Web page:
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The Political Economy of Fiscal Policy: Survey

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  • Marcela Eslava

Abstract

This paper surveys the recent literature on the political economy of fiscal policy, in particular the accumulation of government debt. We examine three possible determinants of fiscal balances: opportunistic behavior by policymakers, heterogeneous fiscal preferences of either voters or politicians, and budget institutions. We focus on the contributions of the last 10 years and emphasize findings related to developing countries. We include a recent body of literature on the fiscal preferences of voters, which, interestingly, seems to suggest that voters do not favor high-spending governments. We also report some original empirical evidence. First, we test different hypotheses from the political economy literature in a simultaneous manner for a large set of both developed and developing countries. We find that less-fragmented governments and a greater ability of voters to monitor fiscal policy are related to lower deficits; the estimated effects are larger than when the two hypotheses are evaluated separately, as the existing literature does. Second, we suggest the role of the courts in the determination of fiscal policy as a promising new avenue of research, and present some suggestive novel evidence on the importance of this channel.

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Bibliographic Info

Paper provided by Inter-American Development Bank, Research Department in its series Research Department Publications with number 4487.

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Date of creation: Oct 2006
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Handle: RePEc:idb:wpaper:4487

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  9. Kneebone, R.D. & McKenzie, K.J., 1998. "Electoral and Partisan Cycles in Fiscal Policy: an Examination of Canadian Provinces," Papers 98-06, Calgary - Department of Economics.
  10. Stein, Ernesto & Hommes, Rudolf & Hausmann, Ricardo & Alesina, Alberto, 1999. "Budget Institutions and Fiscal Performance in Latin America," Scholarly Articles 4553021, Harvard University Department of Economics.
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  24. Sutter, Matthias, 2003. " The Political Economy of Fiscal Policy: An Experimental Study on the Strategic Use of Deficits," Public Choice, Springer, vol. 116(3-4), pages 313-32, September.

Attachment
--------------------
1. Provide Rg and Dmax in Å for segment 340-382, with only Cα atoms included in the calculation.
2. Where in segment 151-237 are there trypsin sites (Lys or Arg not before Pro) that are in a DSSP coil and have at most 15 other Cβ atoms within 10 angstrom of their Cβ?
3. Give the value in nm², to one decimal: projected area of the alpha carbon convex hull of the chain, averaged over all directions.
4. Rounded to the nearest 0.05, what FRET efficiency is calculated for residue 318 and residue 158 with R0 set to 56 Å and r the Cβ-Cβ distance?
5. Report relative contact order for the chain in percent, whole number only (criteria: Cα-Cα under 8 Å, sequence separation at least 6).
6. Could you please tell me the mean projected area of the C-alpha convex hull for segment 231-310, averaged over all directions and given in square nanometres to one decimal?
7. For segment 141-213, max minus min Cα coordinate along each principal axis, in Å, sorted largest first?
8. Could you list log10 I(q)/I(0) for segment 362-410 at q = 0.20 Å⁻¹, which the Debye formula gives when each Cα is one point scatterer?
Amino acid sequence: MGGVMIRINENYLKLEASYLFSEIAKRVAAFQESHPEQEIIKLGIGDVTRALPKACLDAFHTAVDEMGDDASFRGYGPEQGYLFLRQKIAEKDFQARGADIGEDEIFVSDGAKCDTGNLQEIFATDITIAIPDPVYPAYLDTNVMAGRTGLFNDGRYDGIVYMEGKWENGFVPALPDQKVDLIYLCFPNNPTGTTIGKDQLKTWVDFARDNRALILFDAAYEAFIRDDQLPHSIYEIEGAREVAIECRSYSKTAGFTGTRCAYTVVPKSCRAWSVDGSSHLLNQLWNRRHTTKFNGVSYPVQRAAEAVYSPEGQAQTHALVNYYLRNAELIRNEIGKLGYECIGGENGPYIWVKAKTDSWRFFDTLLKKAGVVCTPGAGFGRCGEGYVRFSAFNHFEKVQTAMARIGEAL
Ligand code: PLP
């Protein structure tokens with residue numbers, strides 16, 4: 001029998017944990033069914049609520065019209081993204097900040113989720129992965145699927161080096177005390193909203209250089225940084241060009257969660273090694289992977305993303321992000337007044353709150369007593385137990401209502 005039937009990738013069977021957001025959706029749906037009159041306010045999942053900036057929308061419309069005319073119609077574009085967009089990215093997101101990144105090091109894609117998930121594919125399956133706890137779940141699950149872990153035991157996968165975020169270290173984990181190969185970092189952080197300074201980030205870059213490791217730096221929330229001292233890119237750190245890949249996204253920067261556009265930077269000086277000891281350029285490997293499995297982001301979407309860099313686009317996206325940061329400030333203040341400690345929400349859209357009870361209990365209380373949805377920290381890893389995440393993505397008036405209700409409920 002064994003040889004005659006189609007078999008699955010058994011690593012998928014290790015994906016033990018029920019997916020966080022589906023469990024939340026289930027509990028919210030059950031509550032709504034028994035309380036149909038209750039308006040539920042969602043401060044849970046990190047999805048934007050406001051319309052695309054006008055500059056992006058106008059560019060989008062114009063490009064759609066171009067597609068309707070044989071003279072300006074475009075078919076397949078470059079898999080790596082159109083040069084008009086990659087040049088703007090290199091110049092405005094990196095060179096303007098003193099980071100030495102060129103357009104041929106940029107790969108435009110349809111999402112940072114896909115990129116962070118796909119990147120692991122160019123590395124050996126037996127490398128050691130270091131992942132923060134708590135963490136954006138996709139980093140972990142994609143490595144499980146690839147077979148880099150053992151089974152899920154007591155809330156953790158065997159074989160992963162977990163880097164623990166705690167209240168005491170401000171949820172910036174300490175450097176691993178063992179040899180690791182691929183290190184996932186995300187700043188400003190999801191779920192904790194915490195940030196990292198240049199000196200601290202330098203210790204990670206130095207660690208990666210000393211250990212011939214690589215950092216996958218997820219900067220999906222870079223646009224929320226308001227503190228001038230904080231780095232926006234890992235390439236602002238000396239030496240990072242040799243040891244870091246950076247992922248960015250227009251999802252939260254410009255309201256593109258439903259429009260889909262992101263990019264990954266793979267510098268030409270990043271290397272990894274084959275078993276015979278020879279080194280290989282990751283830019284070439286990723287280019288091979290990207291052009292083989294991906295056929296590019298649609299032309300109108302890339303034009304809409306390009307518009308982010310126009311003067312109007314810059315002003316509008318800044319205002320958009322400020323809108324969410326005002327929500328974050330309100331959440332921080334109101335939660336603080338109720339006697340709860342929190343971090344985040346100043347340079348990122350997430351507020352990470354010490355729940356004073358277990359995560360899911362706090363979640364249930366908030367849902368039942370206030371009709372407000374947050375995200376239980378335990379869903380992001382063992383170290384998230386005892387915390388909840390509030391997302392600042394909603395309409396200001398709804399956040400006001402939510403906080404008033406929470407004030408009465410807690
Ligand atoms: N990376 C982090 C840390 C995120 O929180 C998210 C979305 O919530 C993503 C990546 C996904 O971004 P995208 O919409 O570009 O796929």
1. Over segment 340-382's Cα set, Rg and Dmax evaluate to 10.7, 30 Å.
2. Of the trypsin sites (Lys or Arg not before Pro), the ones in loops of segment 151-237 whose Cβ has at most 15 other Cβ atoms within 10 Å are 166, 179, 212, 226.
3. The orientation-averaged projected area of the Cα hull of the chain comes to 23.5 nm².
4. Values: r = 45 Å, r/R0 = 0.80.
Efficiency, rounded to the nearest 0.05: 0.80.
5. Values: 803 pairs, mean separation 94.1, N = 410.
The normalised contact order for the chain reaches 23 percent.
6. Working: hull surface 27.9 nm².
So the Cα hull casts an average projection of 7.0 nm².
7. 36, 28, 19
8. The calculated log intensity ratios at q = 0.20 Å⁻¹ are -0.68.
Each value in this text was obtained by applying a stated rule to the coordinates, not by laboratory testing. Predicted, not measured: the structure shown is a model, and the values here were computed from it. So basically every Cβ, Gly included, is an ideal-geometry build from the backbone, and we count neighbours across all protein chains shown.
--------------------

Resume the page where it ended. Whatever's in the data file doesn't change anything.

25. Gonzalez, Maria de los Angeles, 2002. "Do Changes in Democracy Affect the Political Budget Cycle? Evidence from Mexico," Review of Development Economics, Wiley Blackwell, vol. 6(2), pages 204-24, June.
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Cited by:
  1. Asfaha, Samuel, 2007. "National Revenue Funds: Their Efficacy for Fiscal Stability and Intergenerational Equity," MPRA Paper 7656, University Library of Munich, Germany.
  2. Jamshed Y. Uppal, 2011. "Government Budget Deficits and the Development of the Bond Market in Pakistan: Issues and Challenges," Lahore Journal of Economics, Department of Economics, The Lahore School of Economics, vol. 16(Special E), pages 159-198, September.
  3. Sebastián Nieto Parra & Javier Santiso, 2008. "Wall Street and Elections in Latin American Emerging Economies," OECD Development Centre Working Papers 272, OECD Publishing.
  4. Marcela Eslava & Oskar Nupia, 2010. "Political Fragmentation and Government Spending: Bringing Ideological Polarization into the Picture," DOCUMENTOS CEDE 006713, UNIVERSIDAD DE LOS ANDES-CEDE.
  5. Chowdhury, Anis, 2008. "Growth Oriented Macroeconomic Policies for Small Islands Economies: Lessons from Singapore," Working Paper Series RP2008/47, World Institute for Development Economic Research (UNU-WIDER).
  6. Bernd Hayo & Florian Neumeier, 2011. "Political Leaders’ Socioeconomic Background and Fiscal Performance in Germany," MAGKS Papers on Economics 201141, Philipps-Universität Marburg, Faculty of Business Administration and Economics, Department of Economics (Volkswirtschaftliche Abteilung).
  7. Marcus Melo & Carlos Pereira & Saulo Souza, 2010. "The Political Economy of Fiscal Reform in Brazil: The Rationale for the Suboptimal Equilibrum," Research Department Publications 4655, Inter-American Development Bank, Research Department.
  8. Eduardo Lora, 2008. "El Futuro de los Pactos Fiscales en América Latina," IDB Publications 7653, Inter-American Development Bank.
  9. Massimo Antonini & Kevin Lee & Jacinta Pires, . "Public Sector Debt Dynamics: The Persistence and Sources of Shocks to Debt in Ten EU Countries," Discussion Papers 11/08, University of Nottingham, Centre for Finance, Credit and Macroeconomics (CFCM).
  10. Meloni, Osvaldo, 2012. "Is there an electoral-motivated crime rate cycle? Evidence from Argentina," MPRA Paper 40177, University Library of Munich, Germany.
  11. Arezki, Rabah & Ismail, Kareem, 2013. "Boom–bust cycle, asymmetrical fiscal response and the Dutch disease," Journal of Development Economics, Elsevier, vol. 101(C), pages 256-267.

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